CPU's then : let's not talk about AMD who have nothing by this year's end, at most a cpu recall which should happen but is of course not going to. Intel does not have much more : a die shrink this year that isn't available to end users, a new stepping of the same cpu's launched in 2006, with thermal improvements, but nothing else.

Graphics cards : however hot 8800GT is at this moment, it's nothing new. And it's slower than last year's high end part. And let's again not talk about AMD. The only small light there is the availability of the 3850 gpu, which is good. 3870 is nowhere to be seen (we're talking early december here, this might improve). Whatever, 3870 is a whole 2% faster than 2900XT, which cannot even compete with 8800GT, which luckily for DAAMIT is not available as well.

All in all, a pretty disappointing holiday lineup if you ask me, from a reviewer's point of view. But there is one very big consumer advantage of course : year over year : prices on all components have halved. This is great news for the customer, and all because of the lack of progress...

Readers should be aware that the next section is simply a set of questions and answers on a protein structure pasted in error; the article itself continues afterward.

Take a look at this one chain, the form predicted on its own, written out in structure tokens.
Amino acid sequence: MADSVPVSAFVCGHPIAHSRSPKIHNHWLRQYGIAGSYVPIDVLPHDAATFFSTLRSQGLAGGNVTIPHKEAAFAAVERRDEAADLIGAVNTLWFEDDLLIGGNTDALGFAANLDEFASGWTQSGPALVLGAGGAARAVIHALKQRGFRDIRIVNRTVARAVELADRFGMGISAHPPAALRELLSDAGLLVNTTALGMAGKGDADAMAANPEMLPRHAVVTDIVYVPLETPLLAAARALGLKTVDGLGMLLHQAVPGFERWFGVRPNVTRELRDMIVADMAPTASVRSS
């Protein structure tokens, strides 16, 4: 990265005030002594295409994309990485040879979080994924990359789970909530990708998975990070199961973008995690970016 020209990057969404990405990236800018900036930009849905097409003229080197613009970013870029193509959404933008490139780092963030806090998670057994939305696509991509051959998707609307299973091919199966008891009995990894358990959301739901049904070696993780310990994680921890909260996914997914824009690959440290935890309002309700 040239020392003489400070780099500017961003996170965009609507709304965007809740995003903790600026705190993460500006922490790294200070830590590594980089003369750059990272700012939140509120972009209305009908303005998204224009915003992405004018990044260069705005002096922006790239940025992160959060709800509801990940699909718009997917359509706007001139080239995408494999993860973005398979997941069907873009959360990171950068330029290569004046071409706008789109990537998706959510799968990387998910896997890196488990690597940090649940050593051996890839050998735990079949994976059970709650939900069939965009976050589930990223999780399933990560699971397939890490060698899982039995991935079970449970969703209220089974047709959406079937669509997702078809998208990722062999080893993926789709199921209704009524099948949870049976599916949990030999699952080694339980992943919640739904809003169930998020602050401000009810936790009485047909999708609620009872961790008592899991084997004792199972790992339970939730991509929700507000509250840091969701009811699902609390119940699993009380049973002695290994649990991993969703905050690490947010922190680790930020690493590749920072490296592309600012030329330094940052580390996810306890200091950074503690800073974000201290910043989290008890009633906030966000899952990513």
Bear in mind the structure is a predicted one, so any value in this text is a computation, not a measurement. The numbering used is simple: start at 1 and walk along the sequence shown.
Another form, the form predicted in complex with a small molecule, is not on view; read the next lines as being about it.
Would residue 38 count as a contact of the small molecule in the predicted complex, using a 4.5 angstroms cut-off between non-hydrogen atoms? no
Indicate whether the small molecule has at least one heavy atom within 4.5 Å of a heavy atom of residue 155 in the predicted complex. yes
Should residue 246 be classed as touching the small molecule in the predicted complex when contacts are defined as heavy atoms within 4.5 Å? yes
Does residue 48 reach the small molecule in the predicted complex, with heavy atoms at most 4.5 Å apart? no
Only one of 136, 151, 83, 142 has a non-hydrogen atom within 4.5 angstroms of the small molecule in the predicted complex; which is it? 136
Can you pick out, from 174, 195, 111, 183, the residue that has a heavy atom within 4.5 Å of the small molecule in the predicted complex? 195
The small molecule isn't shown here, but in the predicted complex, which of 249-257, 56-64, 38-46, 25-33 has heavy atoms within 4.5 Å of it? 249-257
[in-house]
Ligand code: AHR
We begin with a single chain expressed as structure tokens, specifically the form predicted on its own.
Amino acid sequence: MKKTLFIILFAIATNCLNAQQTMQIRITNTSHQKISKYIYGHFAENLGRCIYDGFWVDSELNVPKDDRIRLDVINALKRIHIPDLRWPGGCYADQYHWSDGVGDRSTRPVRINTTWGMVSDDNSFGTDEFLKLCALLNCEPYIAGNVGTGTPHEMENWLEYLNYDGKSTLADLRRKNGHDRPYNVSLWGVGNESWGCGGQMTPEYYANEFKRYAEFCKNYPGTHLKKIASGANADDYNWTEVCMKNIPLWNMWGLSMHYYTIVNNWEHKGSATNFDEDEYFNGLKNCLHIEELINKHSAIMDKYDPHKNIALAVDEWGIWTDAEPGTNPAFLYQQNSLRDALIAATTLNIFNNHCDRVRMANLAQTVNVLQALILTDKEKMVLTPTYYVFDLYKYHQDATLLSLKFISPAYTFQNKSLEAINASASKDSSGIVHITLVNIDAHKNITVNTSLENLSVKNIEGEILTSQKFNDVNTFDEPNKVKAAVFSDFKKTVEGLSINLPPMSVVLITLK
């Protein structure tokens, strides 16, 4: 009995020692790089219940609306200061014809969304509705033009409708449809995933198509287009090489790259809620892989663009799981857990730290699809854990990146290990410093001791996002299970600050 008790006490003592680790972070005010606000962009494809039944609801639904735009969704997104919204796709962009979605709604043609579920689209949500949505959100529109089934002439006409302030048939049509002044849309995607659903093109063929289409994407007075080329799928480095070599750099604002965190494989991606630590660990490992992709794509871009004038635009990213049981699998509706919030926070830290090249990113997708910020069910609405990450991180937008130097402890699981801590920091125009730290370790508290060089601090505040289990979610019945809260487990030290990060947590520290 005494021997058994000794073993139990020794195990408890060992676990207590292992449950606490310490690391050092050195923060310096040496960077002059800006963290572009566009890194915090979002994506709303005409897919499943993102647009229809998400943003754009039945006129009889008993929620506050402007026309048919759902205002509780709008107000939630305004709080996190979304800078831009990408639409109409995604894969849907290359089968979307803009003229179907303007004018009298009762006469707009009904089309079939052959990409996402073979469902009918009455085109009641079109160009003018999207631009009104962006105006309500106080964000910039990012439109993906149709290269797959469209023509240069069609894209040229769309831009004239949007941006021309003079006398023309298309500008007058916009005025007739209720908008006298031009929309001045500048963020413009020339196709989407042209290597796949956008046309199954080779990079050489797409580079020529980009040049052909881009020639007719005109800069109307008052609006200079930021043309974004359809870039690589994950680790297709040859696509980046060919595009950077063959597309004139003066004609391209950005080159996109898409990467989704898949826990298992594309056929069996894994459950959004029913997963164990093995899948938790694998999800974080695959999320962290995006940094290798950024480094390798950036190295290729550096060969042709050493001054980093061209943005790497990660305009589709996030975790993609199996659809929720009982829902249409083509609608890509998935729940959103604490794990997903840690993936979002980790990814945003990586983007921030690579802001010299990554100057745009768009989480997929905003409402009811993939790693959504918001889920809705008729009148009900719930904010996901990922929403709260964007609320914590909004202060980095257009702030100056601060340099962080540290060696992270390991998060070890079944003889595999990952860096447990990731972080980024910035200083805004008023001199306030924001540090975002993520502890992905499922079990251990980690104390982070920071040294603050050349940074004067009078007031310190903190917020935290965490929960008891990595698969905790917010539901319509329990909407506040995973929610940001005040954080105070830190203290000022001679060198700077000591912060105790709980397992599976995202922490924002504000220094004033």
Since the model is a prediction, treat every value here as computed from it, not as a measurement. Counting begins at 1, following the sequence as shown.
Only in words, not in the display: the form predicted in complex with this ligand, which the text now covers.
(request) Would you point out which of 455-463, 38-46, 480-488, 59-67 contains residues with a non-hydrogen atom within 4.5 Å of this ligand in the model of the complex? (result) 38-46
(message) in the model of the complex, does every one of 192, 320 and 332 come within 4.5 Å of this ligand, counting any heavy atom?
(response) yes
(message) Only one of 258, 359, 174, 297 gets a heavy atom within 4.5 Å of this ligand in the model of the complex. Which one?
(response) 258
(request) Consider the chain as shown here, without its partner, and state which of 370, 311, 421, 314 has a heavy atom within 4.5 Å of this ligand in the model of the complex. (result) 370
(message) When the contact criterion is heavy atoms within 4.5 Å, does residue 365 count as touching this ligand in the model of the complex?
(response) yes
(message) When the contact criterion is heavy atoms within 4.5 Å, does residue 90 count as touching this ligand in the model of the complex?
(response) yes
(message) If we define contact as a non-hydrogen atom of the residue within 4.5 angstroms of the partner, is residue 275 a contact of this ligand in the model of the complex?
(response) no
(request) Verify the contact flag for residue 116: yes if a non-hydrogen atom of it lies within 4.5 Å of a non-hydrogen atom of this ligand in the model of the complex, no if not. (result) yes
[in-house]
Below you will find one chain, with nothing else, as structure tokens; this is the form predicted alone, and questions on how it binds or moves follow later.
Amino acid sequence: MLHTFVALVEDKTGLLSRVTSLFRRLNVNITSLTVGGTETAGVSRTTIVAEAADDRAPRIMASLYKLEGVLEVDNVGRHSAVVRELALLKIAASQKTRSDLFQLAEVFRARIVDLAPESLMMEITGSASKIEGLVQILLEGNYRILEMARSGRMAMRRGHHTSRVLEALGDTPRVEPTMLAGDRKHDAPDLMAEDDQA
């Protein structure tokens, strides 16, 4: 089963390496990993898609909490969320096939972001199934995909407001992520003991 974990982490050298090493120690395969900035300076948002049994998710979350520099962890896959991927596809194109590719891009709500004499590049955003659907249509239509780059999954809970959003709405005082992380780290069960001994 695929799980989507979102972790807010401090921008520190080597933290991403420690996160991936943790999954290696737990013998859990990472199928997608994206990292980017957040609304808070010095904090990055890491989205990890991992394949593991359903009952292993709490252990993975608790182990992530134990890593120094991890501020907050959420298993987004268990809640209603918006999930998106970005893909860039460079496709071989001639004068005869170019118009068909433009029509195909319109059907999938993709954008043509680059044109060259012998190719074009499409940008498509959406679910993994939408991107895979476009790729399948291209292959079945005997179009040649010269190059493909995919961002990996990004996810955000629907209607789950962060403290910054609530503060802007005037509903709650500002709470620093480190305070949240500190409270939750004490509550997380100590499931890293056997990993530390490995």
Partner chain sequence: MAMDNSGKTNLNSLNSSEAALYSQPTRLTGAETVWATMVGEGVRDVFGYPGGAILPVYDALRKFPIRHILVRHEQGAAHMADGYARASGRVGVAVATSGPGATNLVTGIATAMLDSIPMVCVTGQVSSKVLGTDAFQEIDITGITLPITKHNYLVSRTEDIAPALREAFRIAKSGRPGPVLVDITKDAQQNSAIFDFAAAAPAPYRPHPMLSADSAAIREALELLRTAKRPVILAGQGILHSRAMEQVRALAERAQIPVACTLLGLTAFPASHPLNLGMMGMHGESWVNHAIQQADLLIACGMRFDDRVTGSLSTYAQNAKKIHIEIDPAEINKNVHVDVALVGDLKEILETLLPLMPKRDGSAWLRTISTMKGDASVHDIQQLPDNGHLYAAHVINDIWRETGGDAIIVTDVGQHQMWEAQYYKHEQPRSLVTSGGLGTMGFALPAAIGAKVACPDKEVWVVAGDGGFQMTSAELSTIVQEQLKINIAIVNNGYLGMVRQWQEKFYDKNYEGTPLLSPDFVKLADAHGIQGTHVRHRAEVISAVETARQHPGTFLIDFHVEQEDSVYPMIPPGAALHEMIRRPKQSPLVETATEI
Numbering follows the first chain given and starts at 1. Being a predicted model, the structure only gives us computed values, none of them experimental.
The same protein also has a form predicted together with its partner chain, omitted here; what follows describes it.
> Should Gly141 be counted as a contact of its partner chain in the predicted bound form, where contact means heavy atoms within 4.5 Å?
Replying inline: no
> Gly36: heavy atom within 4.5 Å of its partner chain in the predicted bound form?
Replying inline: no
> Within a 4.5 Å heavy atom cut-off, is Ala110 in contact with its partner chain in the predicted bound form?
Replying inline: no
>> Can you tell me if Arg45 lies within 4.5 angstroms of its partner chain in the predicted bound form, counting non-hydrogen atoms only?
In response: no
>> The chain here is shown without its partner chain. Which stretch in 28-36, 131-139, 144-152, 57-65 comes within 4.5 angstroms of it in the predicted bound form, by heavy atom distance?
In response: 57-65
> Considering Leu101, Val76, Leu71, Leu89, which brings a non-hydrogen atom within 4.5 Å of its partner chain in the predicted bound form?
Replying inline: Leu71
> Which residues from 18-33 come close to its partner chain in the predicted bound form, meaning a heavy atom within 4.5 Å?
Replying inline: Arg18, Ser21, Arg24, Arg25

Sidney 9th December 2007 20:10

Thanks for your "kind" words ;), Thorgal.

thorgal 9th December 2007 20:23


Originally Posted by Sidney (Post 160930)
Thanks for your "kind" words ;), Thorgal.
It is getting really close to the time; come on guys, we need more participants.

Well, I put it into the negative scope of course, but I end up completely agreeing with your editorial ;)

Massman 9th December 2007 22:08

A bencher's point of view on 2007.

Processor ...